1st December 2017, Volume 130 Number 1466

December 1917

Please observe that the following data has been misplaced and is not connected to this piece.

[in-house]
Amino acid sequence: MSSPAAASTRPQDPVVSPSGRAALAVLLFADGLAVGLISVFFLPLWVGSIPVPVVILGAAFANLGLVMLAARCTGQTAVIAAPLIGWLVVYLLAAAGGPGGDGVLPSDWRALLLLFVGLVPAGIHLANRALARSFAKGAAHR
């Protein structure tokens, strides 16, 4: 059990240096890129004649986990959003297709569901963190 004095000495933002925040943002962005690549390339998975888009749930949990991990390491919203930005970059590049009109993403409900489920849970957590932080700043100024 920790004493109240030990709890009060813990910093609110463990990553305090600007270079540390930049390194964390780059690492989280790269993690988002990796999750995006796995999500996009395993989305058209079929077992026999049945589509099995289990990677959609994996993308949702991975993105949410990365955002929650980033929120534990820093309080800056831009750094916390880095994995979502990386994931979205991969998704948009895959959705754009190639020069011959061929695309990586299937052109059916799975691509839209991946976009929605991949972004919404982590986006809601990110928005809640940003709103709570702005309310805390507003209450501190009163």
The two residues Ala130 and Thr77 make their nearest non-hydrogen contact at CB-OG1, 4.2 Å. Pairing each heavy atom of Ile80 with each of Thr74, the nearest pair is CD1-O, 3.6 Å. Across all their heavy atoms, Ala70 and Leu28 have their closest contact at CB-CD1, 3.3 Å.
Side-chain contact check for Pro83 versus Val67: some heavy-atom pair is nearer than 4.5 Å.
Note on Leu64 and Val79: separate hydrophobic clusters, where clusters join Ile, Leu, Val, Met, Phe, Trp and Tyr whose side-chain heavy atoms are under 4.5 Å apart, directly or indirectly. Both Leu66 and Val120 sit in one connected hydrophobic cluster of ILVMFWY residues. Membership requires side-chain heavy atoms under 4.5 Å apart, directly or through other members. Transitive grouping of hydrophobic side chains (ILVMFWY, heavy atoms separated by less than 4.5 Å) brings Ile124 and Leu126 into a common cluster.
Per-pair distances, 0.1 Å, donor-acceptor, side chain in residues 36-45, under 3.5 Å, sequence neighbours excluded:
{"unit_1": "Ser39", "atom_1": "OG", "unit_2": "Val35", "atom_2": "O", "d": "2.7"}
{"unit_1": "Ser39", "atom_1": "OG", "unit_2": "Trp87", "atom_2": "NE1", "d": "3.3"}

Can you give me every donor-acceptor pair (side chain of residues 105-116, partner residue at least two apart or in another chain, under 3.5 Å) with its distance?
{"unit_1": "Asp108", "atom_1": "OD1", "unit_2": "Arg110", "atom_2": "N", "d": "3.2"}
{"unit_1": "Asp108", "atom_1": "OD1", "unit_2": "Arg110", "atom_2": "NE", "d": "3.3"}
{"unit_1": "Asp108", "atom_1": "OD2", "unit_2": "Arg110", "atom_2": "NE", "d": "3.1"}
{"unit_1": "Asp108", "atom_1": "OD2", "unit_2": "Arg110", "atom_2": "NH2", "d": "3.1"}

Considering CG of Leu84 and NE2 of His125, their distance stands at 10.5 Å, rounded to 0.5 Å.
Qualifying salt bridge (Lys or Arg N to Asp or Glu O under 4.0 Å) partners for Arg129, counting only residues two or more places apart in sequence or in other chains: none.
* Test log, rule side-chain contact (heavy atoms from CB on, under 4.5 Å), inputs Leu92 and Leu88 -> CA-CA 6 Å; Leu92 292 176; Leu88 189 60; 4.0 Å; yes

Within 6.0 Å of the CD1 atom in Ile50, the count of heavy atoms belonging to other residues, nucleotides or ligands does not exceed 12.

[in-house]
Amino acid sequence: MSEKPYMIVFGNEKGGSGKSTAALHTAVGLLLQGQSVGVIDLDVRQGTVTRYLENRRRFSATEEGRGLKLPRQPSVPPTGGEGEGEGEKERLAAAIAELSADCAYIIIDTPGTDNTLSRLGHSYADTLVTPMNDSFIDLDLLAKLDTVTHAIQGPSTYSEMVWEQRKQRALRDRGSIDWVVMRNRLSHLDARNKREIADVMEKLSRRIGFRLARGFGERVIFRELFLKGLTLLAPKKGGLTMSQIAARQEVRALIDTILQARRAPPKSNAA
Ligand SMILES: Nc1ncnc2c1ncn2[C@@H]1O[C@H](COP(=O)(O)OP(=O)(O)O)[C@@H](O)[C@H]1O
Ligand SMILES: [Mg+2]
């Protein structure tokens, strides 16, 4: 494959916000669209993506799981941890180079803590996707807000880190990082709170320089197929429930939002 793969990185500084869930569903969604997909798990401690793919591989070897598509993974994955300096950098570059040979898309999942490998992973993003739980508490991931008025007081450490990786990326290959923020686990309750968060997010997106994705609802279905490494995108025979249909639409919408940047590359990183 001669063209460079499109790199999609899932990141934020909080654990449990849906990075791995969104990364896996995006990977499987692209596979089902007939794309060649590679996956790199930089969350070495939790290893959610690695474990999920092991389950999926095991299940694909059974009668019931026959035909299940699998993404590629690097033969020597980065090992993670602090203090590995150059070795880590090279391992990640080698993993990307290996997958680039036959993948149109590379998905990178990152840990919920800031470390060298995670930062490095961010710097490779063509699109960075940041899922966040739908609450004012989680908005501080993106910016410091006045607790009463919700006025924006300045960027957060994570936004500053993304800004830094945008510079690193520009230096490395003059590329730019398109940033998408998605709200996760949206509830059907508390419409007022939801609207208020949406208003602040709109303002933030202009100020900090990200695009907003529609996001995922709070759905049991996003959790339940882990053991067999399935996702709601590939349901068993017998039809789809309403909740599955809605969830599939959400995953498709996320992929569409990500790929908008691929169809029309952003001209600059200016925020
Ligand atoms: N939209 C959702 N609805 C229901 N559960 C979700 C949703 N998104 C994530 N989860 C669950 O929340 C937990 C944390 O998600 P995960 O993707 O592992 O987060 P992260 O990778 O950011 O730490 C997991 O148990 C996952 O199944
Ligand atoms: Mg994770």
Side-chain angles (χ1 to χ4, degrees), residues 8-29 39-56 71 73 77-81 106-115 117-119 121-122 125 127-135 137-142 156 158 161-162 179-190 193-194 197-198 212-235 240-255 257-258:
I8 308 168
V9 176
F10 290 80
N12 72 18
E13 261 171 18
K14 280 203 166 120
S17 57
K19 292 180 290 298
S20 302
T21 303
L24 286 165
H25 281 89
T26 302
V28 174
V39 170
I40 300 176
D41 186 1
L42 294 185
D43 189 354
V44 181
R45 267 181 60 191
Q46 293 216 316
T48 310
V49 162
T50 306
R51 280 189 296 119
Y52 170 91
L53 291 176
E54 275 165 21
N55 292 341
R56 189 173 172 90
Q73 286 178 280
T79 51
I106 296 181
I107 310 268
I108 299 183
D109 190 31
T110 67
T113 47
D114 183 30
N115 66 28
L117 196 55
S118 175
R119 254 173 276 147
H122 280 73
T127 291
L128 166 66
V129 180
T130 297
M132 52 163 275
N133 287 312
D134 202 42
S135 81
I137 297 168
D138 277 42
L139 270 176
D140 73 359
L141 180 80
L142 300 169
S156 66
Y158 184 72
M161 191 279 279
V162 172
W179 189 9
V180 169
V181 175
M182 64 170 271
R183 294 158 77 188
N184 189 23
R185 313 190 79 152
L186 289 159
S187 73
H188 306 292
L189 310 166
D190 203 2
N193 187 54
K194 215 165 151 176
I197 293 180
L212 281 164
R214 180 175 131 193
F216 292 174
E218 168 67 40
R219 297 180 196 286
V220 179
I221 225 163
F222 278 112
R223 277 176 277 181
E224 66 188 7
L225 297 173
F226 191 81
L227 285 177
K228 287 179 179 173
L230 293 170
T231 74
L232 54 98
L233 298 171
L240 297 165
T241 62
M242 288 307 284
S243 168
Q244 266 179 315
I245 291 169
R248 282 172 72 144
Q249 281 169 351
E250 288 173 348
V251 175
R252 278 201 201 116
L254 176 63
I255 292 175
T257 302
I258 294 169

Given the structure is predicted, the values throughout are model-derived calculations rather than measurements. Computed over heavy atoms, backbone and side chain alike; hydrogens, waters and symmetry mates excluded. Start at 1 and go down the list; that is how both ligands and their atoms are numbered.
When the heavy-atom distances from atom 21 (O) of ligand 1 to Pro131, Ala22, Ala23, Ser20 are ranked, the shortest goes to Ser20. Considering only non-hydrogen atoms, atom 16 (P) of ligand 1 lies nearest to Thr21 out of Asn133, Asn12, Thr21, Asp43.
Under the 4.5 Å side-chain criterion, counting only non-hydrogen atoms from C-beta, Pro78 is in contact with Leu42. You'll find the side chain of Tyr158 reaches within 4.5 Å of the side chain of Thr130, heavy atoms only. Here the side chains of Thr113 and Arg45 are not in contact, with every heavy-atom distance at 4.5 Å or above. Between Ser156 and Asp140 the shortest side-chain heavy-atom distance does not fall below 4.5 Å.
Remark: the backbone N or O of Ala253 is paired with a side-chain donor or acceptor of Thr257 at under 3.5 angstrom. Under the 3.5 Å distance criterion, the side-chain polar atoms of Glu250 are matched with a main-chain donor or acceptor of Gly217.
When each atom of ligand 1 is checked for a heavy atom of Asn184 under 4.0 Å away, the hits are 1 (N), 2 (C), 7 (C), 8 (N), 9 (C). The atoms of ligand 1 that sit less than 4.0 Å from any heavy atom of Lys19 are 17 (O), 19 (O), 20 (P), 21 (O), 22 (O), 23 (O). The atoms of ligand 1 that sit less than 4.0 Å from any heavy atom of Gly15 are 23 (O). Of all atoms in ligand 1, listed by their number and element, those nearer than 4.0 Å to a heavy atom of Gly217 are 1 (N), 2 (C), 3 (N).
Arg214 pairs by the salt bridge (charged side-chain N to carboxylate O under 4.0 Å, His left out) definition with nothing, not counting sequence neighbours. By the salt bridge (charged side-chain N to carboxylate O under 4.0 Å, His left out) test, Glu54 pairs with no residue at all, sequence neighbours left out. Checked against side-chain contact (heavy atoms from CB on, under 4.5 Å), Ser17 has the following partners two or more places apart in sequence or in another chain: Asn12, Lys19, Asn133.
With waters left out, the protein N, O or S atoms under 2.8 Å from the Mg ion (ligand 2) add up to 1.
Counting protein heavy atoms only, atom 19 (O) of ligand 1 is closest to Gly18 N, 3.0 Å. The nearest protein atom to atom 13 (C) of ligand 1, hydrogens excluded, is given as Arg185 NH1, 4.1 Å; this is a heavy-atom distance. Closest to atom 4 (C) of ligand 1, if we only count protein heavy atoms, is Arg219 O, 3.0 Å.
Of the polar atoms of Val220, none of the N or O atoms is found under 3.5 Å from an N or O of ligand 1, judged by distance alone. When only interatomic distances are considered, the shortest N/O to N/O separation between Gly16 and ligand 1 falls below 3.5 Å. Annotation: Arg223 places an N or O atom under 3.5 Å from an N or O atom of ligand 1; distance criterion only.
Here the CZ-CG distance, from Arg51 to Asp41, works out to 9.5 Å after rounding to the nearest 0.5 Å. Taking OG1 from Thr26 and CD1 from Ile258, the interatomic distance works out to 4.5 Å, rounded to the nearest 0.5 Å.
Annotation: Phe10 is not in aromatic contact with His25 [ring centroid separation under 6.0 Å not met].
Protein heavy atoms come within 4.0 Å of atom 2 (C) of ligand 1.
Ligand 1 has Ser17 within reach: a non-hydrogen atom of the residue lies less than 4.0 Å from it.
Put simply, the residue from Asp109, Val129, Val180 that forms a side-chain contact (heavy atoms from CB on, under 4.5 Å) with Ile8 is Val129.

The medical referee of one of the largest life assurance corporations doing business in New Zealand comments as follows on Sir James Mackenzie’s book on “Principles of Diagnosis and Treatment in Heart Affections”:—“I have read it through twice with great interest. It is most suggestive. I do not see, however, how the principles can be safely acted upon in life assurance. Apparently he would have us ignore physical defects such as valvular lesions unless they are accompanied by impaired ‘response to effort.’ Now, this weak response to effort can be estimated by a physician who sees a good deal of the case and can follow it through. He also need not in any way doubt a patient’s history of his case. But how could a life assurance examiner, who only sees a proponent during his single examination, form any estimate whatever of the capability of a heart to respond to effort? Moreover, it is the interest of a proponent to belittle any adverse experiences of that sort. It seems to me that we must still be guided by the rough and ready, even if partially incorrect, principle of rejecting or heavily loading cases with valvular lesions or much enlarged hearts. It does not seem to me possible for us to see enough of the case to assess, with safety from risk, except on our present plan. We have all known cases with valvular murmurs who have lived to good ages with no inconvenience; but we do not know what percentage of deaths from other diseases, e.g., pneumonia and typhoid, are accelerated because of old-standing cardiac lesions. Surely a man with such an affection is less capable to resist a severe physical strain caused by illness. His first line of resistance is gone.”